“The first time I saw Nemo’s Garden in real life, the biospheres looked like small space ships,” Giacomo d’Orlando tells me. “It felt like I had gone to another planet.” In reality, d’Orlando was very close to home, right off the coast of Noli in Italy.
Nemo’s Garden is an underwater farm consisting of several pods, each floating anywhere from sixteen to thirty-six feet below the surface. Inside these air-filled “bubbles,” you can find fresh basil, veggies, berries, and even flowers. All around, you can see marine wildlife peacefully coexisting with these futuristic structures.
The photographer happened upon this underwater farm while conducting research relating to climate change and the environment. It was late 2020, amid pandemic lockdowns, and he longed for a story that could provide a glimmer of hope for the future. When he found Nemo’s Garden, he knew immediately that he’d found it. “An underwater system of greenhouses, which grows terrestrial plants, so it is not something that you find every day,” he says.
The idea for the garden started with Sergio Gamberini, the president of the diving equipment firm Ocean Reef Group. He was motivated, in part, by the fact that agriculture accounts for 70% of worldwide water use; as water scarcity grows from a looming threat to a global emergency, the hope is that this kind of system could be used to produce food in areas that are otherwise unsuitable for planting. Nemo’s Garden is entirely self-sustainable, using the sun and the freshwater it naturally produces through condensation.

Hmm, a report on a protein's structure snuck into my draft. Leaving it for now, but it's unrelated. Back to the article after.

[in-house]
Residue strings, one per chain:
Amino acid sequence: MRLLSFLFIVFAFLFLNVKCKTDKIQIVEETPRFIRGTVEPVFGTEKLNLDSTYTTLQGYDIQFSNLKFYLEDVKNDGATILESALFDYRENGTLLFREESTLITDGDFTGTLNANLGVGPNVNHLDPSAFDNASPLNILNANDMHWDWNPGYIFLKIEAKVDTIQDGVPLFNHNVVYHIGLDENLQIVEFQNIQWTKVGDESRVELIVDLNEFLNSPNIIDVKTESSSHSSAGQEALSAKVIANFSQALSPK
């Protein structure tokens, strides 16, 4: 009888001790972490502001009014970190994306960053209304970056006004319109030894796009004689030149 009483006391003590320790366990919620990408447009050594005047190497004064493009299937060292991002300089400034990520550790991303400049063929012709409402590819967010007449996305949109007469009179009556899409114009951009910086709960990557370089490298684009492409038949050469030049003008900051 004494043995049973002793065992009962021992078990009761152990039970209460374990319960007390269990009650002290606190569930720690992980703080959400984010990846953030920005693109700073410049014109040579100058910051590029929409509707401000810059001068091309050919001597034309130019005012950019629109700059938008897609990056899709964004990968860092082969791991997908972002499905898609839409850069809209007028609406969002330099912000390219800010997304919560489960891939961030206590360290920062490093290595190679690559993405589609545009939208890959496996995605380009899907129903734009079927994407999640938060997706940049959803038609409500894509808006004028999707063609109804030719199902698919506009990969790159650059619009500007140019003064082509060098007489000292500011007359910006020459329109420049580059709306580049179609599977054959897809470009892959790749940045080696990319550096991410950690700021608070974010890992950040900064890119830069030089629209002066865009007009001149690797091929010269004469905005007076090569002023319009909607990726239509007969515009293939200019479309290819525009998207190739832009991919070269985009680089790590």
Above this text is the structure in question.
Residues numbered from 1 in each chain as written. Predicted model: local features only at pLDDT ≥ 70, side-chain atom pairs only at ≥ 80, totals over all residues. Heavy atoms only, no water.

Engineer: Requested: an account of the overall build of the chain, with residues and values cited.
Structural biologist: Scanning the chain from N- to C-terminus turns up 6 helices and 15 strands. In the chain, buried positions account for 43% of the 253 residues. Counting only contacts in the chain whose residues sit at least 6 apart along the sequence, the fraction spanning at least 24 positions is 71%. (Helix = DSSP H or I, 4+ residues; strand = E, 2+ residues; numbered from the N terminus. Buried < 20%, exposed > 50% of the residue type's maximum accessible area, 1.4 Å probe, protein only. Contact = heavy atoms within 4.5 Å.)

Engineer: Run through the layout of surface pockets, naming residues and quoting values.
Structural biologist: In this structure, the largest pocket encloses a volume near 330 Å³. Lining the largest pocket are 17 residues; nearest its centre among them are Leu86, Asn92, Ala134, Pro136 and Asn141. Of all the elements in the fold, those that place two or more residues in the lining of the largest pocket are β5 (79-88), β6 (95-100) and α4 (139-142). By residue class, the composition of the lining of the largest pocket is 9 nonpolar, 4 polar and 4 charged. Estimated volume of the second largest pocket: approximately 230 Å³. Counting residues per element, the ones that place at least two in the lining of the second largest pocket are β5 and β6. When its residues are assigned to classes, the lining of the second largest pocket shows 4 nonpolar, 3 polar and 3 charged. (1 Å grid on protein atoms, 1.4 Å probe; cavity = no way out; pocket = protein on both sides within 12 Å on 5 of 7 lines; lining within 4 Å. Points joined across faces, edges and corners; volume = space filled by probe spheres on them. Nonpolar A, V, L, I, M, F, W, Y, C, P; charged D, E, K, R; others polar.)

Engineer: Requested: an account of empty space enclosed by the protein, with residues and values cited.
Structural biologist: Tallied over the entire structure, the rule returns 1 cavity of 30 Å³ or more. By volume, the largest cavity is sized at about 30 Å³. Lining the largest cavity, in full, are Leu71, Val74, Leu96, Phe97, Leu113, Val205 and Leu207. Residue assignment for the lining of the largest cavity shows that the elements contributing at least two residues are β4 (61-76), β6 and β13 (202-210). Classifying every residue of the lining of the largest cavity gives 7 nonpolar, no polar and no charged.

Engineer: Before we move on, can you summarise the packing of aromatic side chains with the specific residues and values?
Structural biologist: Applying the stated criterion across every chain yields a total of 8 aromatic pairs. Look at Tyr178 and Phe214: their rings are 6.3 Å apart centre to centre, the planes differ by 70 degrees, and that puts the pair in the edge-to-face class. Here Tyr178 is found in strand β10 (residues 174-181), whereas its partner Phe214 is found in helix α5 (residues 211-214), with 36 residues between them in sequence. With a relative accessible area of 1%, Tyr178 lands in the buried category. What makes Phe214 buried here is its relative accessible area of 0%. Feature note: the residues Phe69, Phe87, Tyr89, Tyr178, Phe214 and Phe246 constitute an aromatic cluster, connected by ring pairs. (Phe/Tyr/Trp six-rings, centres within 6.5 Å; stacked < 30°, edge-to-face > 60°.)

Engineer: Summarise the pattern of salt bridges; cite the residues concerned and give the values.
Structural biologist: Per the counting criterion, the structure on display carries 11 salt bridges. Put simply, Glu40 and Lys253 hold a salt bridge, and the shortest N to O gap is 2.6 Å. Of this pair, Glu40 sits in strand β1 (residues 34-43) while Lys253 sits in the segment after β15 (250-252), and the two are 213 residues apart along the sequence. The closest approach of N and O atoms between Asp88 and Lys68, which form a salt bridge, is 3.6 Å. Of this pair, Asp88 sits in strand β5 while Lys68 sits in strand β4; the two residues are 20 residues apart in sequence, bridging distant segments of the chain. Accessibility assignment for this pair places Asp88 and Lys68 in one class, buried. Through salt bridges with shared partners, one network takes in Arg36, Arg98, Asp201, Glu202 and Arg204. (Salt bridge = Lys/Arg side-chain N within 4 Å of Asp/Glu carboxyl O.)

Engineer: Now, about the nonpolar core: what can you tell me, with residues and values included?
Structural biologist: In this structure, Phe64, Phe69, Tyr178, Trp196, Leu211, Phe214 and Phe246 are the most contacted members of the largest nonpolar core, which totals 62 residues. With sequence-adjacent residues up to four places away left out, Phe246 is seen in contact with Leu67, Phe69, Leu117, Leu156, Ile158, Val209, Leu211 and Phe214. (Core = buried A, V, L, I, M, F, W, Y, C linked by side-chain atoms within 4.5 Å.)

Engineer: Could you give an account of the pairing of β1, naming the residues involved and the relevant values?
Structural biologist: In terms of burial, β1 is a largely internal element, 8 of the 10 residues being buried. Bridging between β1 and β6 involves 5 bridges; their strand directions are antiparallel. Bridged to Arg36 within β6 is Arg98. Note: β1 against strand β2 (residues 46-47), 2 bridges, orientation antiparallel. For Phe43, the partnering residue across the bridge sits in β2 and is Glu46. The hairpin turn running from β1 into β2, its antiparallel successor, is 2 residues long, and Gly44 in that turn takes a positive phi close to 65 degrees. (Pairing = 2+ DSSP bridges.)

When d’Orlando reached out to the team at Ocean Reef Group about documenting their work, they were instantly on board; the photojournalist describes the process as a collaboration every step of the way. Before embarking on the project, though, he first needed to master the art of diving for himself. “I have to be honest: learning how to dive and at the same time how to take underwater pictures was certainly not easy, especially in a short period of time,” he admits. “Underwater, everything is different: the way you move, the way you feel, the way you see things, and, of course, the way you take pictures.”
But with every trip underwater, his confidence grew. At one point, he got the chance to taste the basil grown inside Nemo’s Garden; he says the flavor of just one leaf was so powerful he felt like he’d tasted the entire plant. Research indicates that the plants produced in the garden also have a slightly different chemical makeup, and the implications of that finding are vast. “The plants grown in these biospheres are richer in polyphenols and essential oils compared to plants cultivated on land,” d’Orlando explains. “This could be extremely beneficial in the pharmaceutical world.”
The photographer spent seven months covering life at Nemo’s Garden, and he was inspired time and again by the team, led by Sergio Gamberini and his son Luca. As the climate crisis grows increasingly urgent, he remains steadfastly committed to discovering the (often overlooked) stories of those who are making a positive difference. “Finding people who don’t give up in the face of challenges brought by climate change–but instead devote themselves to finding new solutions for our future–makes me more hopeful,” he says.
Last year, d’Orlando’s work at Nemo’s Garden was recognized as part of the Sustainable Cities category at the annual Environmental Photographer of the Year (EPOTY) competition, encouraging people around the world to learn more about this singular project taking place off the coast of Noli. The pictures do it justice, but the photographer says nothing compares to visiting in person. He’ll never forget the first time he entered biosphere; it was, in a word, otherworldly. He remembers, “Being able to breathe normally underwater without an oxygen tank was just unbelievable.”
The Environmental Photographer of the Year competition is now in its fifteenth edition. D’Orlando will be participating again this year, and photographers around the world are invited to submit. The deadline for applications is August 31st. You can follow Giacomo d’Orlando and his work on Instagram at @giacomo_dorlando, and you can check out Nemo’s Garden at @nemos_garden_official.